Security forces fired in the air and used tear gas to break up anti-junta demonstrations in Myanmar’s two biggest cities on Wednesday, witnesses said, a day after a regional diplomatic push to help end the month-long crisis made little headway.
Foreign Ministers from Southeast Asian neighbours urged restraint but failed to unite behind a call for the military to release ousted government leader Aung San Suu Kyi and restore democracy.
At least 21 people have been killed since a military coup on Feb. 1 ended Myanmar’s tentative progress towards democratic civilian rule.
“Oh my eyes, it hurts,” one woman in a teacher’s uniform shouted as she and other protesters scattered through a cloud of tear gas in Mandalay, according to a live video feed.
The overthrow of Suu Kyi’s government has triggered protests across the country and international dismay.
An activist in Chin State said strikes were taking place in nearly all of its townships.
“We’re aiming to show that no one in this country wants dictatorship,” Salai Lian told Reuters from the western state.
A group tracking arrests said dozens more people may have been detained on Tuesday, including a protest organiser who it said was taken away at gunpoint by security men in unmarked cars.
Ousted President Win Myint is facing two new charges, his lawyer, Khin Maung Zaw, said, including one for a breach of the constitution that is punishable by up to three years on prison.
The Association of Southeast Asian Nations (ASEAN) failed to make any breakthrough in a virtual foreign ministers’ meeting on Myanmar on Tuesday.
While united in a call for restraint, only four members – Indonesia, Malaysia, the Philippines and Singapore – called for the release of Suu Kyi and other detainees.
“We expressed ASEAN’s readiness to assist Myanmar in a positive, peaceful and constructive manner,” the ASEAN chair, Brunei, said in a statement.
Myanmar’s state media said the military-appointed foreign minister attended the ASEAN meeting that “exchanged views on regional and international issues”, but made no mention of the focus on Myanmar’s problems.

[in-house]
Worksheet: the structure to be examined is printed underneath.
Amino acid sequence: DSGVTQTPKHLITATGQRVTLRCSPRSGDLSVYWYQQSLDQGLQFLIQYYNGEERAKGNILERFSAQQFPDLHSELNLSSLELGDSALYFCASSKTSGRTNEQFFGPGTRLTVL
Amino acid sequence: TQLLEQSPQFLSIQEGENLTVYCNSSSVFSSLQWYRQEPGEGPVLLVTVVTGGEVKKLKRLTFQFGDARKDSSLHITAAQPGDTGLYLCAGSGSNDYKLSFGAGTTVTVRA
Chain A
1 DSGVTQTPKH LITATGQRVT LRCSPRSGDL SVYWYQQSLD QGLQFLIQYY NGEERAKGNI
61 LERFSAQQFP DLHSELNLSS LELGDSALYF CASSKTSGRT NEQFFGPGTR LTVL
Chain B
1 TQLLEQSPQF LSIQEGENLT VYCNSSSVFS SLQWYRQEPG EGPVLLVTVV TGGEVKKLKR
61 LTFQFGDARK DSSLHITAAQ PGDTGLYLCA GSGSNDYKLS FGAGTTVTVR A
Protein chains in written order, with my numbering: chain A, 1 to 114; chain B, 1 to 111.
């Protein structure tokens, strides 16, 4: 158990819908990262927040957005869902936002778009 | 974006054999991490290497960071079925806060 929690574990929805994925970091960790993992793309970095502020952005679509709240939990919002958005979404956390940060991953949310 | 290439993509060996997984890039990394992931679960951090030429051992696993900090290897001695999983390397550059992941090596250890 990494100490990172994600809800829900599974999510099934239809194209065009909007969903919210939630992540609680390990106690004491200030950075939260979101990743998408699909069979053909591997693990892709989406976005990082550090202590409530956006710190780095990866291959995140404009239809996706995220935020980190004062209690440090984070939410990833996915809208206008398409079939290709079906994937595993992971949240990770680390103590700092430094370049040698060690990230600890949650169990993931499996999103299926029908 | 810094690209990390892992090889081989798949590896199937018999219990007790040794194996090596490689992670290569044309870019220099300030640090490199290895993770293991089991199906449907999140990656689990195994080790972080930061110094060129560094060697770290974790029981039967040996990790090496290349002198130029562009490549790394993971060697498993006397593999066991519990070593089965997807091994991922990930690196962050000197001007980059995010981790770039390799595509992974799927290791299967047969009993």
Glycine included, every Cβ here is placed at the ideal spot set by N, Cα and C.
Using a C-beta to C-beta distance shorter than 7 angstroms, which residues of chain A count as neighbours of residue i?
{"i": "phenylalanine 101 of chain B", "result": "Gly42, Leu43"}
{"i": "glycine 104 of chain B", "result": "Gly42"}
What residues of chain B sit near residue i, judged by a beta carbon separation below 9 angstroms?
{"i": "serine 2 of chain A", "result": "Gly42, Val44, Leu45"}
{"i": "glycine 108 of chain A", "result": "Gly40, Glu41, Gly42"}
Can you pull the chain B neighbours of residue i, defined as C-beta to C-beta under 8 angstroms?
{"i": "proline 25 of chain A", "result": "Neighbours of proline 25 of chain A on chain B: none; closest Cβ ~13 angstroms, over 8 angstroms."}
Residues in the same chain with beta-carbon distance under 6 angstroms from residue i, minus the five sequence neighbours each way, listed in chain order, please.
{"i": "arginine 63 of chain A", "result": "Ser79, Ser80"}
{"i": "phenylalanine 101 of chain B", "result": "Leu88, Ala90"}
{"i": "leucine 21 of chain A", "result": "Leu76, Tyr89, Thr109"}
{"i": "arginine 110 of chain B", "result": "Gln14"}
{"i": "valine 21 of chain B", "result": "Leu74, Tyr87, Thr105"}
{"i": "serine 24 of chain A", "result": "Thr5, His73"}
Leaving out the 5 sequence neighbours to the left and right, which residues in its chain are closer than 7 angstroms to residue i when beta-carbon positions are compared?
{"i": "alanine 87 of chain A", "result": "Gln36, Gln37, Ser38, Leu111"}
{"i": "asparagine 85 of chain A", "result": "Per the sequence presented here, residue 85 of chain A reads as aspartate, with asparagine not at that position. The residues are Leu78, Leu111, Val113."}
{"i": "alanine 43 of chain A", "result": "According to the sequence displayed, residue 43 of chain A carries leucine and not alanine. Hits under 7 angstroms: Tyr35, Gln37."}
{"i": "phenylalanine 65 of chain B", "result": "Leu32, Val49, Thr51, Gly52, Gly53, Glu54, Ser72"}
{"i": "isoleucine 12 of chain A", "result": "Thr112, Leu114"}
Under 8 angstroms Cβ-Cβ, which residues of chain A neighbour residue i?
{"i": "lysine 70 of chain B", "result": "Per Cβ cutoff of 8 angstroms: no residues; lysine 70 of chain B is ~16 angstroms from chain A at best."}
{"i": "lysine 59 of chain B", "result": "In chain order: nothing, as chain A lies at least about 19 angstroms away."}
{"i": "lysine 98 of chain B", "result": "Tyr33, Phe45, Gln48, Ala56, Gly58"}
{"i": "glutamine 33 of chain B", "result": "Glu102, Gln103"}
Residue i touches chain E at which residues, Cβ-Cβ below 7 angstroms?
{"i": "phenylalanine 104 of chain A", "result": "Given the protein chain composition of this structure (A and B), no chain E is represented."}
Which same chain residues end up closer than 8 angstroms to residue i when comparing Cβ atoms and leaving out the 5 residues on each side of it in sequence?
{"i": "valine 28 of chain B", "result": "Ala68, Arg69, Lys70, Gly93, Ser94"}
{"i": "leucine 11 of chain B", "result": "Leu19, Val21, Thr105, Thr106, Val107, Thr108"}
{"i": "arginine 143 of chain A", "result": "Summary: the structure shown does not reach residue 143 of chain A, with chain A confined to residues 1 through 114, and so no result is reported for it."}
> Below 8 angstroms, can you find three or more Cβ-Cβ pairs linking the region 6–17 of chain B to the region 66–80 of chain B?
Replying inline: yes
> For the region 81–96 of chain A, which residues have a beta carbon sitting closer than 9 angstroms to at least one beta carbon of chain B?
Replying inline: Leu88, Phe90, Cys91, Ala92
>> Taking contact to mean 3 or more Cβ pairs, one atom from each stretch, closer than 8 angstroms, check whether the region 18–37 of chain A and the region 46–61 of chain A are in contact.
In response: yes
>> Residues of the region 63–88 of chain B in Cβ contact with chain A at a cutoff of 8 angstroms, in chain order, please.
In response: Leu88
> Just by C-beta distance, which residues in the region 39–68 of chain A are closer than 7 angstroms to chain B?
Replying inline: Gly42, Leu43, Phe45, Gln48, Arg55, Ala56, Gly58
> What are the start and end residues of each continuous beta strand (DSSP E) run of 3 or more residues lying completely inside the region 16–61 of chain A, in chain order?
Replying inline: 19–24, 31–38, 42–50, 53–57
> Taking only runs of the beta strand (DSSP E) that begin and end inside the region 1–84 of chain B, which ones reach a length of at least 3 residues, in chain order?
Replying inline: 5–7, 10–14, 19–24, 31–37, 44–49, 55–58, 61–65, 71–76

It said Wunna Maung Lwin “apprised the meeting of voting irregularities” in November’s election.
‘No more words’
The military justified the coup saying its complaints of voter fraud in the Nov. 8 elections were ignored. Suu Kyi’s party won by a landslide, earning a second five-year term. The election commission said the vote was fair.
Junta leader Senior General Min Aung Hlaing has said the intervention was to protect Myanmar’s fledgling democracy and has pledged to hold new elections but given no time frame.
Singapore Prime Minister Lee Hsien Loong said on Tuesday in an interview the coup was a “tragic” step back for Myanmar and the use of lethal force by its security forces was “disastrous”.
ASEAN’s bid to find a way out of the crisis has drawn criticism from inside Myanmar, with concern it would legitimise the junta and not help the country.
“No more words, action,” activist Thinzar Shunlei Yi told Reuters in a message when asked about the ASEAN effort. She called for sanctions on businesses linked to the military.
Tuesday evening’s news bulletin on Myanmar state television said agitators were mobilising people on social media and forming “illegal organisations”.
It said tear gas and stun guns grenades were used to disperse crowds in Yangon and 12 rioters were arrested.
After dark in parts of Yangon, people came to their balconies to chant anti-military slogans, including “the revolution must succeed”. Others banged pots and pans in a nightly ritual of defiance.
Ye Myo Hein, a researcher and founder of Burma Studies Center, said security forces had fired shots to discourage people from taking part.
“Afterwards, a volley of pans rattling and drum beating filled the air,” Ye Myo Hein posted on Facebook.
- Trump appears in New York court for trial on his business dealings
- U.S. house speaker under fire after government narrowly avoids shutdown
- EU urges US to reconsider dropping Ukraine aid from bill halting government shutdown
- On the brink of a federal shutdown, the House passes a 45-day funding plan and sends it to Senate
Suu Kyi, 75, has been held incommunicado since the coup but appeared at a court hearing via video conferencing this week and looked in good health, a lawyer said.
She is one of nearly 1,300 people who have been detained, according to activists, among them six journalists in Yangon, one of whom works for the Associated Press, which has called for his release.
Myanmar’s representative to the United Nations, who was appointed by Suu Kyi and last week denounced the coup, has staked a claim as the legitimate representative, according to letters seen by Reuters, even though the junta fired him last week.
(Reporting by Reuters Staff; Writing by Martin Petty, Robert Birsel; Editing by Simon Cameron-Moore)